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Attention can be directed either voluntarily based on the goals of the individual or involuntarily "captured" by salient stimuli in the immediate environment. Although involuntary capture is a critical means of directing attention, the completion of many common tasks requires our ability to ignore salient, but otherwise irrelevant stimuli while restricting(More)
Working memory capacity reflects a core ability of the individual that affects performance on many cognitive tasks. Recent work has suggested that an important covariate of memory capacity is attentional control, and specifically that low-capacity individuals are more susceptible to attentional capture by distractors than high-capacity individuals are, with(More)
The amount of information we can actively maintain 'in mind' is very limited. This capacity limitation, known as working memory (WM) capacity, has been of great interest because of its wide scope influence on the variety of intellectual abilities. Recently, there has been an ongoing debate about how this capacity should be best characterized. One viewpoint(More)
Several theories have been put forth to explain the relation between working memory (WM) and gF. Unfortunately, no single factor has been shown to fully account for the relation between these two important constructs. In the current study we tested whether multiple factors (capacity, attention control, and secondary memory) would collectively account for(More)
A key motivation for understanding capacity in working memory (WM) is its relationship with fluid intelligence. Recent evidence has suggested a two-factor model that distinguishes between the number of representations that can be maintained in WM and the resolution of those representations. To determine how these factors relate to fluid intelligence, we(More)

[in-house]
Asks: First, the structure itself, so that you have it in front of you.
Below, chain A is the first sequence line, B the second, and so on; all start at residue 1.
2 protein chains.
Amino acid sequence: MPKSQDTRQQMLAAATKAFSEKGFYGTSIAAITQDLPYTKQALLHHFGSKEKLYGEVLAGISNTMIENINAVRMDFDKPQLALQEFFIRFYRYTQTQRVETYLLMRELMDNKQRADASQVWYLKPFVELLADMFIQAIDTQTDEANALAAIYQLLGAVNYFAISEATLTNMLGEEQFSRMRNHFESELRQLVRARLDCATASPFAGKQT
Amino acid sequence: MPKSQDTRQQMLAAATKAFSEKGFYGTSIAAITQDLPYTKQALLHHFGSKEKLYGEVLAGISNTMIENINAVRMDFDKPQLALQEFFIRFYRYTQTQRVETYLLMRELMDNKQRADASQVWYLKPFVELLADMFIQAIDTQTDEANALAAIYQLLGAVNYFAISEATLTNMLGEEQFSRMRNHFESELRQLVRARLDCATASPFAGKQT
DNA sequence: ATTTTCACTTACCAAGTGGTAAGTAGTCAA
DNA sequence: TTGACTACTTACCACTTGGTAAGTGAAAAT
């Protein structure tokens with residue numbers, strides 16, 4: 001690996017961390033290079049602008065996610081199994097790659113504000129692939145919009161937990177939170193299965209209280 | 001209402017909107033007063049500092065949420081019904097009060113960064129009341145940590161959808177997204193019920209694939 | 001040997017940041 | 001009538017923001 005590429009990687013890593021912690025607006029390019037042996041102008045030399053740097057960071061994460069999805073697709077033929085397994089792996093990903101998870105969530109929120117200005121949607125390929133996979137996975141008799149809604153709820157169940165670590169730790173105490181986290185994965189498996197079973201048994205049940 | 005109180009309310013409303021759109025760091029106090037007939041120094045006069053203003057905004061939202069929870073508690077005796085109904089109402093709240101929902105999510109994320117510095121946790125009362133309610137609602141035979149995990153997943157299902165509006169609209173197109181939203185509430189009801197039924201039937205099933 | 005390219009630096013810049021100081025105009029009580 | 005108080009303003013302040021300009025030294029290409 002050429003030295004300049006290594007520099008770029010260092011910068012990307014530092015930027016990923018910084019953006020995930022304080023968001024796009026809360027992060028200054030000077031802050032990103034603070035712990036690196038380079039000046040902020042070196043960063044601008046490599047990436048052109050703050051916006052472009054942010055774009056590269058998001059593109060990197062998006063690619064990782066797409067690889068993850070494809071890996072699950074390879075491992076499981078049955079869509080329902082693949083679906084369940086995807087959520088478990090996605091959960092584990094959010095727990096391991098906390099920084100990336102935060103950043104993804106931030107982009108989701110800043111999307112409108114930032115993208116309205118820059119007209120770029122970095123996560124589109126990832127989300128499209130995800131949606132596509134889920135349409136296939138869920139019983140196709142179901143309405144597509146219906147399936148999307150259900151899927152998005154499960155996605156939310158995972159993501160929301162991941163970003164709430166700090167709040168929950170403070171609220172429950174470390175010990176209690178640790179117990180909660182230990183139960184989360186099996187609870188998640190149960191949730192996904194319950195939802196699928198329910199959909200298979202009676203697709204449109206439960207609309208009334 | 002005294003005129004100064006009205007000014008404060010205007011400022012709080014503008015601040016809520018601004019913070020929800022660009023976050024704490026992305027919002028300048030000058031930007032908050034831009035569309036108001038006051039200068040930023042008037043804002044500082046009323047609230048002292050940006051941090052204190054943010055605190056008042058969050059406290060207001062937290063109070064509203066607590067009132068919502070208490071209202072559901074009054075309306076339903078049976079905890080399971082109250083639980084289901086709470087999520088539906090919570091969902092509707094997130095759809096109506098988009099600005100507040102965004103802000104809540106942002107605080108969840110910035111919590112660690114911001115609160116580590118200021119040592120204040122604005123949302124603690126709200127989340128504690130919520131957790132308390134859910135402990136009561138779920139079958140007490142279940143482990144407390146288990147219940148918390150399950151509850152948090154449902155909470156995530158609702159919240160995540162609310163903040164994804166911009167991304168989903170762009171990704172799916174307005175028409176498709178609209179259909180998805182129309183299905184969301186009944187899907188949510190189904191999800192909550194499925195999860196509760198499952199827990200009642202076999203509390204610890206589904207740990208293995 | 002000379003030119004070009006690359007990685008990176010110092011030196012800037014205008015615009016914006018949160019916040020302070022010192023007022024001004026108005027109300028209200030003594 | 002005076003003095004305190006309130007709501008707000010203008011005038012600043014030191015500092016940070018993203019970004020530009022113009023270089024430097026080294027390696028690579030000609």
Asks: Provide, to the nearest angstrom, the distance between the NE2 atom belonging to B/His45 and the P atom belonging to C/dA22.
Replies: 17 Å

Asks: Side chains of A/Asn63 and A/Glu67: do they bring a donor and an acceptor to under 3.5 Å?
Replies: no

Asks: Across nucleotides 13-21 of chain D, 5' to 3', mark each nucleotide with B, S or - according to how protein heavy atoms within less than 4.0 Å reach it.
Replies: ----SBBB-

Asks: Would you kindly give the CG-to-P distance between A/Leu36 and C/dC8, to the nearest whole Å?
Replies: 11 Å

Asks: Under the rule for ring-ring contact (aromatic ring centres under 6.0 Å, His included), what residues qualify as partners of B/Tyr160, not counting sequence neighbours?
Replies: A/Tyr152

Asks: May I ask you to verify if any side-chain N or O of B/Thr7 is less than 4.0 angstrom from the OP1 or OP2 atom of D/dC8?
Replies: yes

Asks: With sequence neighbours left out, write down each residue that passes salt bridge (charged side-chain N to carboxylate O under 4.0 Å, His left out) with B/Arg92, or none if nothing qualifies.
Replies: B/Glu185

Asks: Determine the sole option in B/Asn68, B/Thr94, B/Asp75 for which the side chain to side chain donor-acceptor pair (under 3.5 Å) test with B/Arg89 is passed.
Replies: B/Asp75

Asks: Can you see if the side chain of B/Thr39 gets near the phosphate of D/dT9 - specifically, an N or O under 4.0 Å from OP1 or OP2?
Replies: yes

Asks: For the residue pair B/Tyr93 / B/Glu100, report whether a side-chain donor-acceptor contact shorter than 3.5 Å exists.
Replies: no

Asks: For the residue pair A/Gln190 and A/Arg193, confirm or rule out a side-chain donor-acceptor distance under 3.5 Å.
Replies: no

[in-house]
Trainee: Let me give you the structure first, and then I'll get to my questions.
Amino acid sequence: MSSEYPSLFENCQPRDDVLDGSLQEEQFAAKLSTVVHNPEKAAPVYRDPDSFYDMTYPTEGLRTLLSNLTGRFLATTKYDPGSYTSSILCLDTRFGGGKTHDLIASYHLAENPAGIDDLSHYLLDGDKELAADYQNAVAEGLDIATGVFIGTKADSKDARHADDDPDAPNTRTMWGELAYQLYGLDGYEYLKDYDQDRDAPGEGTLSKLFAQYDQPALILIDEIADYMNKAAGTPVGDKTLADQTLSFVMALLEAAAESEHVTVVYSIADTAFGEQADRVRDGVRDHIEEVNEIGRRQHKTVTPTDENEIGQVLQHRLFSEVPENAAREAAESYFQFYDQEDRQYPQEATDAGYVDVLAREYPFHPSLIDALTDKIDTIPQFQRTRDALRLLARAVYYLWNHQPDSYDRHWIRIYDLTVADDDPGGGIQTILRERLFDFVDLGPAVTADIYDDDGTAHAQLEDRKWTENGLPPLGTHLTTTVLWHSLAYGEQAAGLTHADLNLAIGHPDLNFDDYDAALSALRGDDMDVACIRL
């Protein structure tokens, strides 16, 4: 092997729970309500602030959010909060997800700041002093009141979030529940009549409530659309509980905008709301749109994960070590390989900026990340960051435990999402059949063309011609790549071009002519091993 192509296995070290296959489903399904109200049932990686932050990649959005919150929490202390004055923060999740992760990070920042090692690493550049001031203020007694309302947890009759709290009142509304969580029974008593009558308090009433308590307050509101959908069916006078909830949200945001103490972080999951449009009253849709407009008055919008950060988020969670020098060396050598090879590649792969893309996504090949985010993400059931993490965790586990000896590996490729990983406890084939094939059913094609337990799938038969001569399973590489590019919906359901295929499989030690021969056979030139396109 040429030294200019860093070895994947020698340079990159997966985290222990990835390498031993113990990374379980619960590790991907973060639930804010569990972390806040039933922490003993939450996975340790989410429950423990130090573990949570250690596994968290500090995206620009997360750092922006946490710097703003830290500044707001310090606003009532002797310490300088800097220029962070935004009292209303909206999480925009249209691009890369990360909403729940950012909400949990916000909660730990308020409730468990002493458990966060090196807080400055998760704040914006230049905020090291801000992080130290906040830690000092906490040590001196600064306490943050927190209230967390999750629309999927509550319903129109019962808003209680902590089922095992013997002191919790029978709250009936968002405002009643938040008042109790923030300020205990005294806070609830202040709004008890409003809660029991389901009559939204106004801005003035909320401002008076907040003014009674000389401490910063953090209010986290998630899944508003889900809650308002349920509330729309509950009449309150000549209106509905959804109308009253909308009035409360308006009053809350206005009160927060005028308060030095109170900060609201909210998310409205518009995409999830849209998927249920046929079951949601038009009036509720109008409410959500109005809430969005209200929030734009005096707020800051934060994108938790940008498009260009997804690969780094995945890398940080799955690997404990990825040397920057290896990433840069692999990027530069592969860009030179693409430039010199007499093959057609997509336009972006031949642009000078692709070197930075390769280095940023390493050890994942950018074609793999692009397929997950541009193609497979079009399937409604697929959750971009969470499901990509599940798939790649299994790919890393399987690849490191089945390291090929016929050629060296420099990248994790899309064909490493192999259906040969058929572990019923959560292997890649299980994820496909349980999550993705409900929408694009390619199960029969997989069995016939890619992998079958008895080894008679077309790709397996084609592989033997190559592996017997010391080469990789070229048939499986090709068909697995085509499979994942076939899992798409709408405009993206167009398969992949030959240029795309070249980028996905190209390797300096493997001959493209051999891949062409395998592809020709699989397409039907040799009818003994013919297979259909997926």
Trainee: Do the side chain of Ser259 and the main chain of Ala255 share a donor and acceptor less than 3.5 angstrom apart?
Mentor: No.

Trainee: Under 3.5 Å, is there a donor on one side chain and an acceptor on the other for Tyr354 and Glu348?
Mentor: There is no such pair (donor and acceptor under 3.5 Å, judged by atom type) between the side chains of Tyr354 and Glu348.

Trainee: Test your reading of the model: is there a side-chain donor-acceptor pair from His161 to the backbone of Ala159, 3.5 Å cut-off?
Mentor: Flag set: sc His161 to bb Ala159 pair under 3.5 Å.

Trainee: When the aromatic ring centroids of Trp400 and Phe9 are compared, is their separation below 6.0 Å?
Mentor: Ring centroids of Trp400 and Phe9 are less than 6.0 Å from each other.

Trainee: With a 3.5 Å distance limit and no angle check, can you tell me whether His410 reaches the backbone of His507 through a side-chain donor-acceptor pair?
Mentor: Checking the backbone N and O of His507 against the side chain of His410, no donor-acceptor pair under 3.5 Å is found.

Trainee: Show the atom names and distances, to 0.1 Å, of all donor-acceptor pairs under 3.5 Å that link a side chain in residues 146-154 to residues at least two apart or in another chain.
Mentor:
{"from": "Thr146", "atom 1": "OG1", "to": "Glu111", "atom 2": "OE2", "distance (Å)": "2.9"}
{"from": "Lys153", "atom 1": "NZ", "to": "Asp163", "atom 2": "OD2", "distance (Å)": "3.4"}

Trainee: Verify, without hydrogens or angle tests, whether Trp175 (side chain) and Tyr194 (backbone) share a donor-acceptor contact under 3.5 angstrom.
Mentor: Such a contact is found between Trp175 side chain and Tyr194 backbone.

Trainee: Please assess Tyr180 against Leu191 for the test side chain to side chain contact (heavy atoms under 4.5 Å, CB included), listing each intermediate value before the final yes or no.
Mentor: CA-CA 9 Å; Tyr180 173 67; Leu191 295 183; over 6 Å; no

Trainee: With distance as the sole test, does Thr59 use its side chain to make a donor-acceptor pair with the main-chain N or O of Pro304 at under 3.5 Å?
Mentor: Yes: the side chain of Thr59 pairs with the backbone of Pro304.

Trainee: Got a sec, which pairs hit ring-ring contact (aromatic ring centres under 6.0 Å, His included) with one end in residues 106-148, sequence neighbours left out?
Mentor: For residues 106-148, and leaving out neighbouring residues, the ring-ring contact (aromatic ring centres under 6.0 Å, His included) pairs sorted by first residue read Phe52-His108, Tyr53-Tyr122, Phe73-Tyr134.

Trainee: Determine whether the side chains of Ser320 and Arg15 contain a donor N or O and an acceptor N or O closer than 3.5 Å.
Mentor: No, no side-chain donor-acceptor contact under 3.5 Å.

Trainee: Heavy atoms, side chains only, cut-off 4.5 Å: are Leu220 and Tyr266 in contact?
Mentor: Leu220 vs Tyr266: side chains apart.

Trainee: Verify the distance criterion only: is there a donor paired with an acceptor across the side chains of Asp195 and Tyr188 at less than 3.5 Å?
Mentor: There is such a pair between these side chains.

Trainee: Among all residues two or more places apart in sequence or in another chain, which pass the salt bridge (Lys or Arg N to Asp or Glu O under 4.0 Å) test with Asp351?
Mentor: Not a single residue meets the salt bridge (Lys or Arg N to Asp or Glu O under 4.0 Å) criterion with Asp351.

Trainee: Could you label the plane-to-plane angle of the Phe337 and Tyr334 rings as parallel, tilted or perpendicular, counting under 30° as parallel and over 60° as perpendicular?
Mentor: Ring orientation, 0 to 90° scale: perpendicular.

A classic question concerns whether humans can attend multiple locations or objects at once. Although it is generally agreed that the answer to this question is "yes," the limits on this ability are subject to extensive debate. According to one view, attentional resources can be flexibly allocated to a variable number of locations, with an inverse(More)
Visual working memory is an online workspace for temporarily representing visual information from the environment. The two most prevalent empirical characteristics of working memory are that it is supported by sustained neural activity over a delay period and it has a severely limited capacity for representing multiple items simultaneously. Traditionally,(More)
Although impairments in working memory (WM) are well documented in schizophrenia, the specific factors that cause these deficits are poorly understood. In this study, we hypothesized that a heightened susceptibility to attentional capture at an early stage of visual processing would result in working memory encoding problems. 30 patients with schizophrenia(More)
UNLABELLED Traditionally, electrophysiological correlates of visual working memory (VWM) capacity have been characterized using a lateralized VWM task in which participants had to remember items presented on the cued hemifield while ignoring the distractors presented on the other hemifield. Though this approach revealed a lateralized parieto-occipital(More)
The capacity of visual working memory (VWM) refers to the amount of visual information that can be maintained in mind at once, readily accessible for ongoing tasks. In healthy young adults, the capacity limit of VWM corresponds to about three simple objects. While some researchers argued that VWM capacity becomes adult-like in early years of life, others(More)